In 2019, the Peak Human Potential report was released to understand how Australians were preparing for a future of work transformed by digital technologies. The key takeaway - in digitally disrupted environments, workers value human connection and prefer learning to be integrated into their work.
This report builds on these findings and uses first of its kind national survey data to investigate the influence of both workplace learning and collaboration on enabling innovation in Australian workplaces.
Even though three in five workers are concerned their current skill set is not suited for the next five years, we found that more than half of Australian workers spend less than an hour a week on any form of learning. 58 per cent had undertaken no formal training in the past 12 months. Without learning at work, their jobs are moving away from them – which diminishes the potential for innovation in their workplace.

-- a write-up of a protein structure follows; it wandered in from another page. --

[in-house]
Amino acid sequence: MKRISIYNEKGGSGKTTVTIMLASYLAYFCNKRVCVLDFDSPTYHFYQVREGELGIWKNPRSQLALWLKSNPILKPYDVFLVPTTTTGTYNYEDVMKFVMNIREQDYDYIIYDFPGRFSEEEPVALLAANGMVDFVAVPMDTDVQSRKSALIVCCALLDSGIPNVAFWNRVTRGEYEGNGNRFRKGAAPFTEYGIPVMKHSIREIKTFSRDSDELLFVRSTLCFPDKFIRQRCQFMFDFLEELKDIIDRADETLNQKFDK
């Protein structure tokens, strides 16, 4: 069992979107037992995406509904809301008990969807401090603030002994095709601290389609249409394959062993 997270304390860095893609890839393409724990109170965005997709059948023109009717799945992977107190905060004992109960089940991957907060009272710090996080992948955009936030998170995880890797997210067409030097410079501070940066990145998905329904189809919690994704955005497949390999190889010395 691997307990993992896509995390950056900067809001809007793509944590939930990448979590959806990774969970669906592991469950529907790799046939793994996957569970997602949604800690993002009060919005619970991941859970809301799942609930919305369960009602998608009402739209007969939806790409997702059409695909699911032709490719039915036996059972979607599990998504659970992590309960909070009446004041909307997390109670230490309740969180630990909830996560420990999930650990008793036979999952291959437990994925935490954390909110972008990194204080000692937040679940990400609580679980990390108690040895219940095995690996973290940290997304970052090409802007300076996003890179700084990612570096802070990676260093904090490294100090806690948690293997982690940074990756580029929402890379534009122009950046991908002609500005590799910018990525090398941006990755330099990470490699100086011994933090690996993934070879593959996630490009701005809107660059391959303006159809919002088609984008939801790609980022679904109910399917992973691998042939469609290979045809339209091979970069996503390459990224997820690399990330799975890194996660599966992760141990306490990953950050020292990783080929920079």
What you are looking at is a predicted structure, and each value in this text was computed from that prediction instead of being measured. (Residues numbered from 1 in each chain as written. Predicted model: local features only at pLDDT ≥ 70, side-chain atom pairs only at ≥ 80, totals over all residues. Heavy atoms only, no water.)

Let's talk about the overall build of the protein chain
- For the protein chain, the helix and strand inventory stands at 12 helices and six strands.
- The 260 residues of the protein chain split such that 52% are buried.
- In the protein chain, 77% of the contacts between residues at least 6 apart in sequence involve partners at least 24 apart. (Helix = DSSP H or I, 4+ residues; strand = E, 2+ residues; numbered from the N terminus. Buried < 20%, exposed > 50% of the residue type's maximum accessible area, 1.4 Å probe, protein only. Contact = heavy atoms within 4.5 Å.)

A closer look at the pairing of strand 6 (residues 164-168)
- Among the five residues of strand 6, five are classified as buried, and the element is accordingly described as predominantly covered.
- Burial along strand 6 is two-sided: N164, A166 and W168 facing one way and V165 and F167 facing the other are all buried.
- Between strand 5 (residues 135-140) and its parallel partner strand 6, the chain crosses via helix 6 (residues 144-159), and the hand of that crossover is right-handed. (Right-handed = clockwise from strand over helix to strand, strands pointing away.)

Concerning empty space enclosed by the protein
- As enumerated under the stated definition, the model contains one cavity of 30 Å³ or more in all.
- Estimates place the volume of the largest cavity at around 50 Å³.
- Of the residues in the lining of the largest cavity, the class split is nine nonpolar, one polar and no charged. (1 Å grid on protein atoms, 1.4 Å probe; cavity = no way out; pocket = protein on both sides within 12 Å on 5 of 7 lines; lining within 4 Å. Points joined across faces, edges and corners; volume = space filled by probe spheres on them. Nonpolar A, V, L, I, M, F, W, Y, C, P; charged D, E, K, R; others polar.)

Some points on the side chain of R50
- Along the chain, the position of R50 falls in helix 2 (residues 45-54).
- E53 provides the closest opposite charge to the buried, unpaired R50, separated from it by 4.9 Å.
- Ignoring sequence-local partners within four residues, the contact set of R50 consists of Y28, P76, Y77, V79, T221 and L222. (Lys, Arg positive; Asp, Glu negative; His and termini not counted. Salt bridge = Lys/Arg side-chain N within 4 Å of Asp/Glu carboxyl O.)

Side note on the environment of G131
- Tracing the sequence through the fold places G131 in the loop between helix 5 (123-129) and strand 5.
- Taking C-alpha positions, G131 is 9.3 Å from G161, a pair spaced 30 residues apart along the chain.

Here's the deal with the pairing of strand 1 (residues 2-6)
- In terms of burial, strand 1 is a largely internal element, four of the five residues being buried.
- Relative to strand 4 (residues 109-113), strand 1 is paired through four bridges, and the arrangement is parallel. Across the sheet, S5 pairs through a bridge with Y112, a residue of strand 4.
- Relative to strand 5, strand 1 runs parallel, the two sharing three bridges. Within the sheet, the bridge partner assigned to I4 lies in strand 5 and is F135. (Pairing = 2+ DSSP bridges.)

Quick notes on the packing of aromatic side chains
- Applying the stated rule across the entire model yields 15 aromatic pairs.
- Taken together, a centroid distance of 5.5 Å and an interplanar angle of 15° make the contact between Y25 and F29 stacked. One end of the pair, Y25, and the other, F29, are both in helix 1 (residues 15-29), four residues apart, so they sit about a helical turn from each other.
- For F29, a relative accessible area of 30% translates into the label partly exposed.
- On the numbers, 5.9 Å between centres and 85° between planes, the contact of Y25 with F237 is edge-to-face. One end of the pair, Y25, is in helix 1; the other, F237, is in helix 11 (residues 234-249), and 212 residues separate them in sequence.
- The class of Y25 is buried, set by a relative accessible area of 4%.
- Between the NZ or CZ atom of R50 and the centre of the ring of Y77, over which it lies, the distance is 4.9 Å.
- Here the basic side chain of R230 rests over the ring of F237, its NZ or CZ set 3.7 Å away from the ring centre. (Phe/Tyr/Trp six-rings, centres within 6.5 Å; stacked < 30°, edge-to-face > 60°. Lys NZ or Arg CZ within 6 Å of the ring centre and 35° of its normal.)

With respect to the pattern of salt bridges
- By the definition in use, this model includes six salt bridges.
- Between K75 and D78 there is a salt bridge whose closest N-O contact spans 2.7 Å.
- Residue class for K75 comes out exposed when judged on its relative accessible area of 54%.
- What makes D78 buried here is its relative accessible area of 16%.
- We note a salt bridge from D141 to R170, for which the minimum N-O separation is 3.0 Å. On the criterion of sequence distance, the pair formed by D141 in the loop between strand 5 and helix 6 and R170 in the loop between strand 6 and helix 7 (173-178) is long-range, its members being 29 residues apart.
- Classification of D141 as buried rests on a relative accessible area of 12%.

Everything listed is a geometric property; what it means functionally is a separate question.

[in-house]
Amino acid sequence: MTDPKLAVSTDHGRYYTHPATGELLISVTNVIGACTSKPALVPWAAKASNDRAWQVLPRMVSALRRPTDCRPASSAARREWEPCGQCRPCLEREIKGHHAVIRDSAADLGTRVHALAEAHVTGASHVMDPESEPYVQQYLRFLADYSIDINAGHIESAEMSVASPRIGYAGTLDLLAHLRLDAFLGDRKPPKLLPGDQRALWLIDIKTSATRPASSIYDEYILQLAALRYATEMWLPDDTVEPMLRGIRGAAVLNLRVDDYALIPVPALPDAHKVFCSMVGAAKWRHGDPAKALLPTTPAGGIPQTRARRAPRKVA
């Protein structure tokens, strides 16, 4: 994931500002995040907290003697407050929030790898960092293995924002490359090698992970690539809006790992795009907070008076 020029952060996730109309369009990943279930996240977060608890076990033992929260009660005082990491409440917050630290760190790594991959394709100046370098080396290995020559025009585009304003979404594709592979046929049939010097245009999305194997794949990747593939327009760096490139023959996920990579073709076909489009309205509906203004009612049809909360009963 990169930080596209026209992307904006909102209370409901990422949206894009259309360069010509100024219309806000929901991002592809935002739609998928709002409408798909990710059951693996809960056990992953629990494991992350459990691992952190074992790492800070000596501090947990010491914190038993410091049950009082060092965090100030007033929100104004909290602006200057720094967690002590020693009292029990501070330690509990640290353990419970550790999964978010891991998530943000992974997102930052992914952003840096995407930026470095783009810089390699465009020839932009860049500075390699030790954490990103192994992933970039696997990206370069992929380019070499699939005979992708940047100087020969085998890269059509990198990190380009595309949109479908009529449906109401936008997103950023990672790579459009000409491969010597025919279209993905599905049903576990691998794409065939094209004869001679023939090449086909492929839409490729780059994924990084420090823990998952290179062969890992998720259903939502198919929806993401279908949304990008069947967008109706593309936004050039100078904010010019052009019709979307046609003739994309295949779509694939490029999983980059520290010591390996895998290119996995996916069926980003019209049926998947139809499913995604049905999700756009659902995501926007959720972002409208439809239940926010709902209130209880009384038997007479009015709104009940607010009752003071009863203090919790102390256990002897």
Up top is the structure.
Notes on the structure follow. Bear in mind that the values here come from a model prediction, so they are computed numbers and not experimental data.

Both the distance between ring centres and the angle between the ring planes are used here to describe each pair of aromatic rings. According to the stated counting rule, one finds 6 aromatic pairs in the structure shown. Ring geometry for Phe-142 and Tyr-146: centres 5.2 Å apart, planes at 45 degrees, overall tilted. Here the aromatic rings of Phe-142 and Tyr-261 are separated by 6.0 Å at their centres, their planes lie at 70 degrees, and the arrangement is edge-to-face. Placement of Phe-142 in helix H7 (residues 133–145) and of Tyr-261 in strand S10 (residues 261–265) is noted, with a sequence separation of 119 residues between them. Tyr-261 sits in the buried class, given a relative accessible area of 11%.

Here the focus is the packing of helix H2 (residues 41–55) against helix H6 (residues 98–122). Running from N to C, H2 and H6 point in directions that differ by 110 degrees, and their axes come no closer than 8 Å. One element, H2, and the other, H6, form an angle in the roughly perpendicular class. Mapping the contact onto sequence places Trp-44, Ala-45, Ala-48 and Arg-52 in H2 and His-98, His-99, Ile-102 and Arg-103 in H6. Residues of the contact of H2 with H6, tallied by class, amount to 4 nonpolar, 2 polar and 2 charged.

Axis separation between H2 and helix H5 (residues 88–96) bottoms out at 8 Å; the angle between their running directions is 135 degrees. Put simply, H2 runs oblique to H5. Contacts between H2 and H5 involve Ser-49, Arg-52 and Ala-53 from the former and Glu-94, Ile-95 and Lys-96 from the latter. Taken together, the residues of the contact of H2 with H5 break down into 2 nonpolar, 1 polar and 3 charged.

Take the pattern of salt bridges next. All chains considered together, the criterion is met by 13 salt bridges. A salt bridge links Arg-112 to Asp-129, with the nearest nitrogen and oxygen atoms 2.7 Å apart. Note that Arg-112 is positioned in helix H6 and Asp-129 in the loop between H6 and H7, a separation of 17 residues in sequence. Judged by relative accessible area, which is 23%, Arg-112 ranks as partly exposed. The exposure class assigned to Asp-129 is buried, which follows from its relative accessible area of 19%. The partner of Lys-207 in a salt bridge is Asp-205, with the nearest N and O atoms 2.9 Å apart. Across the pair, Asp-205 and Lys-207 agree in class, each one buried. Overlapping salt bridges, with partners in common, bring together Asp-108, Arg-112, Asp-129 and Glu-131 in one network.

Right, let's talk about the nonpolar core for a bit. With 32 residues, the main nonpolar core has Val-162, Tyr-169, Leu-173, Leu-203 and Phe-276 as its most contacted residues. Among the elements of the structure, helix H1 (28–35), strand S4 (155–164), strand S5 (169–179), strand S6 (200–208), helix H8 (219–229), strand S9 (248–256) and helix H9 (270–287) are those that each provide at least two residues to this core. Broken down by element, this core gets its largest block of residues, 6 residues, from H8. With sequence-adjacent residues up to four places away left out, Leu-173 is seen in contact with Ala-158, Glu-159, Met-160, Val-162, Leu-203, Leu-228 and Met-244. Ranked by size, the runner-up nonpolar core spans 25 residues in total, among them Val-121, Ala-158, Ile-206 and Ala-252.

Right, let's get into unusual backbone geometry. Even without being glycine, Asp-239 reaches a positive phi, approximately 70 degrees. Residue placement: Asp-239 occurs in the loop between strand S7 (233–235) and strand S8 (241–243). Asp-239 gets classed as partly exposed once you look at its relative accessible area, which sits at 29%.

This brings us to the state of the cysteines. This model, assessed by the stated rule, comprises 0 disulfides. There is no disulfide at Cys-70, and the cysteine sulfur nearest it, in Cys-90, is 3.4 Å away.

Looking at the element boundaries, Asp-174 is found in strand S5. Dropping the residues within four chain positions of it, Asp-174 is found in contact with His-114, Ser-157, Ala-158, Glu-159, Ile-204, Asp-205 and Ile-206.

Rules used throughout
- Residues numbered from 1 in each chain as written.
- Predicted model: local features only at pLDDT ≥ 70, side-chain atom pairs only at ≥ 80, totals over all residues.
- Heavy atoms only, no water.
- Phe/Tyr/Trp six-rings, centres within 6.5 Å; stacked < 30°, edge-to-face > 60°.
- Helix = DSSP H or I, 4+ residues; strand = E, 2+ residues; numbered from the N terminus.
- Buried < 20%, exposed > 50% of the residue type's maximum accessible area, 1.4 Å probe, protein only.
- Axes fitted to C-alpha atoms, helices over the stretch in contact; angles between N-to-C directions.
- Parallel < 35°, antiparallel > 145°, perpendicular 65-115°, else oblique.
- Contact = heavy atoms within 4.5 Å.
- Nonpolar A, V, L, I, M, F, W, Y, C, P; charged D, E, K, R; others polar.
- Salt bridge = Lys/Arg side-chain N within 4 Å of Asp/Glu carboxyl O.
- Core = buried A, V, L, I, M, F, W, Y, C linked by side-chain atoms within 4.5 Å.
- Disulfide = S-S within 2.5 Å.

Conducted in late November 2019, the survey took on new significance with the arrival of COVID-19, providing the most up-to-date, business-as-usual measure of culture in Australian workplaces.
To ensure the findings are relevant for the post-pandemic era, the Centre for the New Workforce paid particular attention to the types of learning and collaboration that enable innovation in rapidly changing environments within the Australian economy.
Researchers found that frontline workers like salespeople and factory floor workers – who bear firsthand witness to disruption – were some of the least likely to be involved in collaboratively diverse work. Omitting frontline workers in the innovation process is not only a missed opportunity but potentially a fatal flaw.
- Learning at work is not keeping pace with rapid change.
- Diversity of collaboration is lagging behind the amount needed for innovation.
- Worker-driven learning and collaboration diversity are ideal workplace settings to catalyse innovation.
- Now is the time to reimagine the physical workplace to harness disruption-led innovation and learning.